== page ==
Municipal Policy on Diversity and Inclusion

The Executive Council of the City of Geneva elaborated a Citiwide Policy on Diversity based on six strategic guidelines in order to bring to action their commitments towards social cohesiveness, valorization of diversity and fight against any kind of discrimination.

(Source: City of Geneva. Photo credits: N. Ackermann)


With 20,000 new people arriving in the city each year and 48% of the population that does not have Swiss nationality, Geneva is a place of discussions, meetings and sometimes friction. It’s a common living space where a public policy to recognize diversity and fight against discrimination and stereotypes makes sense (See Geneva Intercultural profile). Community authorities intend to make diversity a strength and an advantage on which to build this common living space. From this perspective of social inclusiveness and citizen participation that Geneva’s administrative council adopted, in November 2009, motion M- 781 titled “In Support of the Implementation of an Integration Policy for Foreigners.” In response to city council’s motion, the city’s administrative council decided to implement a public policy that makes respect for the diversity of all the city’s inhabitants as one of its highest priorities.  

Mission and objectives

The policy mission is sixfold:

1.      To be a welcoming city : Geneva has a welcoming and systematic orientation policy that lets residents know first and foremost that they are welcome.

2.      To be a participatory city : Geneva actively encourages open citizenship in which very quickly, each person contributes to living together and takes part in serving their city.

3.      To be an accessible city : Geneva has an accessibility policy concerning public municipal services. In the interest of fairness, it aims to attenuate obstacles (primarily administrative and linguistic obstacles) that residents may face.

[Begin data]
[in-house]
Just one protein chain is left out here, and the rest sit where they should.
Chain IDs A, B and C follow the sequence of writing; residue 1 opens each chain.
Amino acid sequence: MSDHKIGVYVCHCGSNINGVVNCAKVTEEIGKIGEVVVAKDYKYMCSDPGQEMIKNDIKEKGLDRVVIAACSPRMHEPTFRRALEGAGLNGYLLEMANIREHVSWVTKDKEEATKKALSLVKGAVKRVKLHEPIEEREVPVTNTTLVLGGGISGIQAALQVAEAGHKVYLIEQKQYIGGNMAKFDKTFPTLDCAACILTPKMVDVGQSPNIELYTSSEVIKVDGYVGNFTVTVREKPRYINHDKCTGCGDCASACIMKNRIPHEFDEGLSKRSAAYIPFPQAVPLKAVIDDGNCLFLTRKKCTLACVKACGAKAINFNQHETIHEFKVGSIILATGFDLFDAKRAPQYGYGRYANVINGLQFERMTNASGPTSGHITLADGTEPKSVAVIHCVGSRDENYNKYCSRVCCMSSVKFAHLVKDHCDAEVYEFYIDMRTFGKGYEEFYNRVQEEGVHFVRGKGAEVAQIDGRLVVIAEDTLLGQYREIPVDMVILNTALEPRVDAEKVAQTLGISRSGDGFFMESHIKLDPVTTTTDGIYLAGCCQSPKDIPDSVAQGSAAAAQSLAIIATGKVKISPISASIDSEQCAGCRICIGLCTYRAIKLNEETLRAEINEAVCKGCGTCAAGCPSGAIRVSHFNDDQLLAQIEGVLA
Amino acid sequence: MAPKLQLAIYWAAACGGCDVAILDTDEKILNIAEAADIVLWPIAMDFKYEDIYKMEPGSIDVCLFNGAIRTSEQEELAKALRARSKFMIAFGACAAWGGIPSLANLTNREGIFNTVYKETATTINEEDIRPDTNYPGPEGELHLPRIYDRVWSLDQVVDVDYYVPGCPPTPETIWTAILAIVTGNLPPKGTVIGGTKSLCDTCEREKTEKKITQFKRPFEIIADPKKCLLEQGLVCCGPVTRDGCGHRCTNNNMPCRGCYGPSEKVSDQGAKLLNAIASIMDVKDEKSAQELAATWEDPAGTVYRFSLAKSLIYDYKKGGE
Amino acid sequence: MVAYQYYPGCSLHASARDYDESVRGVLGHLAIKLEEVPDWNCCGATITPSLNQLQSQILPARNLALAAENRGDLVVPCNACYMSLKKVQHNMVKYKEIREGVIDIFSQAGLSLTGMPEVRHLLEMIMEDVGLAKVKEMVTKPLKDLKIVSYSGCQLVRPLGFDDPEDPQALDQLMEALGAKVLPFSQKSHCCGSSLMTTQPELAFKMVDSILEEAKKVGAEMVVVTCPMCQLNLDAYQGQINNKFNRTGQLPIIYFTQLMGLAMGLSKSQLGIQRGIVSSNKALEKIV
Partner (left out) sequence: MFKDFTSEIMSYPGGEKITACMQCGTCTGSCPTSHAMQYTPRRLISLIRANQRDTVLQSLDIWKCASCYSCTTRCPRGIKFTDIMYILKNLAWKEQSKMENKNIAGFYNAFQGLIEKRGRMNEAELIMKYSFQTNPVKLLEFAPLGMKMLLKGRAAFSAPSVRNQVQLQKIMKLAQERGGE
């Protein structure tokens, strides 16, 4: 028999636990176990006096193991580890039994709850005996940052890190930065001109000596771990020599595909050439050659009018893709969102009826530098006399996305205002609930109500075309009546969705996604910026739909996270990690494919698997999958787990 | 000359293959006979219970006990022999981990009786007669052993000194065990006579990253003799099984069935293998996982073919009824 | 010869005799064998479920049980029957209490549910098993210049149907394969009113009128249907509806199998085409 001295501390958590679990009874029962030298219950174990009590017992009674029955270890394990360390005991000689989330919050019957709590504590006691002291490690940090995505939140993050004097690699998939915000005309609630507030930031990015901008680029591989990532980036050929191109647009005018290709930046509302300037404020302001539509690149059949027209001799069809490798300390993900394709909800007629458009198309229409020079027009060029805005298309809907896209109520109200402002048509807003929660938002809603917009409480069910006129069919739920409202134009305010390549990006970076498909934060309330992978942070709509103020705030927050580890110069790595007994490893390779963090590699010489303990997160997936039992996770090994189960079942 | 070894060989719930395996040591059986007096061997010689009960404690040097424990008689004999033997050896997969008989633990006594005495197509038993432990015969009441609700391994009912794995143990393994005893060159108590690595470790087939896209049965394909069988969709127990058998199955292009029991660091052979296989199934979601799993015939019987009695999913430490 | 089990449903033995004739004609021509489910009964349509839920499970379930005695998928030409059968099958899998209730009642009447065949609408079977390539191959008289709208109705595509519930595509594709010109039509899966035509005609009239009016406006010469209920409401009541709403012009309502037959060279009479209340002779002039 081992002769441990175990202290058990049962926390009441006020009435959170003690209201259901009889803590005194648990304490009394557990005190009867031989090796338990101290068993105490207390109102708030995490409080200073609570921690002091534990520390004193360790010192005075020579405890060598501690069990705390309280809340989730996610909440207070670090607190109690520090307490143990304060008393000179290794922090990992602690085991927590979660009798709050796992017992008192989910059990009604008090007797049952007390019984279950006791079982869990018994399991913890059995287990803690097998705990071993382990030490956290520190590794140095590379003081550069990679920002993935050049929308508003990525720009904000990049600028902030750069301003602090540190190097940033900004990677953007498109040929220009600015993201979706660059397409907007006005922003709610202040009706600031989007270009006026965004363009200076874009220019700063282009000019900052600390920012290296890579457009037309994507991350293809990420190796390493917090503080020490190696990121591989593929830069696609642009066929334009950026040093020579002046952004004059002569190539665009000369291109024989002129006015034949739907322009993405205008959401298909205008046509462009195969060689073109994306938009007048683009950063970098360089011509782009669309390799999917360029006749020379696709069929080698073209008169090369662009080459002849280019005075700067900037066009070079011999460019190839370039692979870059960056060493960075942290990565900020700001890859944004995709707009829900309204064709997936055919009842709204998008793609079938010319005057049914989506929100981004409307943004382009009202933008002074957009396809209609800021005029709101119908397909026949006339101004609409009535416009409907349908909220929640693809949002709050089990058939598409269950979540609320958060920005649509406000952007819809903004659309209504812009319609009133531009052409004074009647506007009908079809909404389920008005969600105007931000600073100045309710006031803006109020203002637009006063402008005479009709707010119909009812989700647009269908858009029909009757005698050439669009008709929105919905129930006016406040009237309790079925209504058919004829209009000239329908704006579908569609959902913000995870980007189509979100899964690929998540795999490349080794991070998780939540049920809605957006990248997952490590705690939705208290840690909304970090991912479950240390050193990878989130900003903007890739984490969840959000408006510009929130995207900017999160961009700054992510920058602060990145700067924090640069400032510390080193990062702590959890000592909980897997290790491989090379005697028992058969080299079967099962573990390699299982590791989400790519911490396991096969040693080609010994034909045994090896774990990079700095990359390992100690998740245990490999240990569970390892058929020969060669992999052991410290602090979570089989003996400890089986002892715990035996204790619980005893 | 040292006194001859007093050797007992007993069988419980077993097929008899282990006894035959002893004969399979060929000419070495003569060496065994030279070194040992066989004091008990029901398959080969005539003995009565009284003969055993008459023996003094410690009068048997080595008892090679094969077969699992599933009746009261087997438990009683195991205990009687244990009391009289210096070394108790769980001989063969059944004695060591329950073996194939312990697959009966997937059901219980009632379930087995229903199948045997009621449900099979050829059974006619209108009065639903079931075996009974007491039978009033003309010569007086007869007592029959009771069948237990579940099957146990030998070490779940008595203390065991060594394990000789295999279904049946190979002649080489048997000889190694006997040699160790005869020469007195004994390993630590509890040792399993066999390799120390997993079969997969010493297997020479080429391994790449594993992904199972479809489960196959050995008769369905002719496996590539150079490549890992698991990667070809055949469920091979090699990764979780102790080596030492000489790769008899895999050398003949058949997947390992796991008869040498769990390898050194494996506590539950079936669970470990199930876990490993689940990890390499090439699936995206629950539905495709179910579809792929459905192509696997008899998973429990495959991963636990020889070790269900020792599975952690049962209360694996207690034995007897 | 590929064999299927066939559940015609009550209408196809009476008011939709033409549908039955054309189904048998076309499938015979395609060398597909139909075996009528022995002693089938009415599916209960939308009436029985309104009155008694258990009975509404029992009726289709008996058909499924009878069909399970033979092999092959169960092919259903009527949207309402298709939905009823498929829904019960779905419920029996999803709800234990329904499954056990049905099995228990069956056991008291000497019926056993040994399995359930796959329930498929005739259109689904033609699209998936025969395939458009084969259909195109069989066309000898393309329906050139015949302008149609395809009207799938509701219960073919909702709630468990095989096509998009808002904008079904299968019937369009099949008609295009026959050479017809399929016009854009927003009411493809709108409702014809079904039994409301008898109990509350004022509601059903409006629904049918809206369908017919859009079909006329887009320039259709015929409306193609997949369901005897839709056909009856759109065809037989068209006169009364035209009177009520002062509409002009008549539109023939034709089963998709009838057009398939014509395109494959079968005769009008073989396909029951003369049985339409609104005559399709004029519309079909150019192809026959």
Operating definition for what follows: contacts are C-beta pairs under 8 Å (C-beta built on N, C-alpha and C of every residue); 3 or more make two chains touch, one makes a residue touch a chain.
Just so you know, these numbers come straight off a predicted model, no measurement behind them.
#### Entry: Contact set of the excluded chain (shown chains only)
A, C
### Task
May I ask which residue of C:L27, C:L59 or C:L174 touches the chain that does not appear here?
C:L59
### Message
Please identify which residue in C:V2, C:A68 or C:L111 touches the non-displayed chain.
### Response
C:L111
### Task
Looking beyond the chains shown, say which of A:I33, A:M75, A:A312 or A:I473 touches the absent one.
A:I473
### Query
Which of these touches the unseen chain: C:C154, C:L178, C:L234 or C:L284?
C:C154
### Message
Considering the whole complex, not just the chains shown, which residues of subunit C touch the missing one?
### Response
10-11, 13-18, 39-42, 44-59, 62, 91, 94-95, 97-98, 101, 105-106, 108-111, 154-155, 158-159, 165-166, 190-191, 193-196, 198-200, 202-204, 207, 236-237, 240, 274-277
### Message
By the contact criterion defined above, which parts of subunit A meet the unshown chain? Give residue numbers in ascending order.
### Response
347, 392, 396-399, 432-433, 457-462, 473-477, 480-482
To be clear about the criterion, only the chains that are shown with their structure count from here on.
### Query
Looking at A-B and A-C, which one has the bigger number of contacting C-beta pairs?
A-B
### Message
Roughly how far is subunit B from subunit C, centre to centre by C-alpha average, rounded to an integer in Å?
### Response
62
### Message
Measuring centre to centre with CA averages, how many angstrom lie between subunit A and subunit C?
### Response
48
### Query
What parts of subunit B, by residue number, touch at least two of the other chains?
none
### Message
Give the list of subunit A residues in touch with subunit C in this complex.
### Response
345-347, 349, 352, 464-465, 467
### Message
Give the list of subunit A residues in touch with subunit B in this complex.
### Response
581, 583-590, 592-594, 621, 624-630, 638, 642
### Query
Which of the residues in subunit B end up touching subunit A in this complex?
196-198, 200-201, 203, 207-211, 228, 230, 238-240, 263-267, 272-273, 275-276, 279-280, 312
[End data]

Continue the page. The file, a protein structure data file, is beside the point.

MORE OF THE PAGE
4.      To be a non-discriminatory city : Geneva’s policy actively fights preconceived notions, stereotypes and discrimination of all kinds. It has developed public actions in this regard and supports the efforts of third-party institutions and associations.

5.      To be a city that listens : Geneva is conscious of the fact that migratory flow scan create movements of downturn and rejection, and it pays careful attention to these expressions of discontent and has developed a policy of listening and awareness.

6.      To be a responsible city : As an institution and service provider, Geneva has committed to a staffing policy that reflects our city’s diversity and that gives its collaborators the tools they need to feel at ease in a complex environment and best serve a diverse public.  


  • Creation of an interdepartmental coordination group that is responsible for implementing the diversity policy. The group is called the Geneva Diversity Network and is in charge of implementing the city’s diversity policy and reporting to the administrative council.  
  • Mobilizing the Department of Culture and Sports, which has committed to facilitating maximum access to cultural and sports events for Geneva’s immigrant populations.
  • Development communication that is adapted to non-native language speakers by the municipal administration. A number of administrative and promotional documents were translated into the languages most frequently spoken in Geneva.  
  • Inplementing French language groups in municipal libraries to offer French language workshops, in collaboration with the city’s Community Action Units, the Geneva Canton Foreigners’ Integration Bureau and the Geneva Workers’ University.
  • Developing a prototype kit for learning French using the museum’s spaces and collections.
  • Implementing large bazaars organized by the Geneva Ethnography Museum the first Sunday of each month on the theme of inclusiveness and welcoming different communities.
  • Implementing the Inside-Outside Project, a participatory project supported by the Grandur Foundation for Youth. The Inside-Outside Project consists of creative workshops for children.
  • Developing specific actions for asylum immigrants. In this process, which takes into account three out of six points of the municipal policy (being a welcoming, accessible and non discriminatory city), the following actions were retained:
    • Creating the Union of Swiss Cities working group around integration policies.
    • Developing a national action plan to fight radicalization and extremism between now and the second half of 2017.
    • Making the Red Cross Day Centre  available to refugees.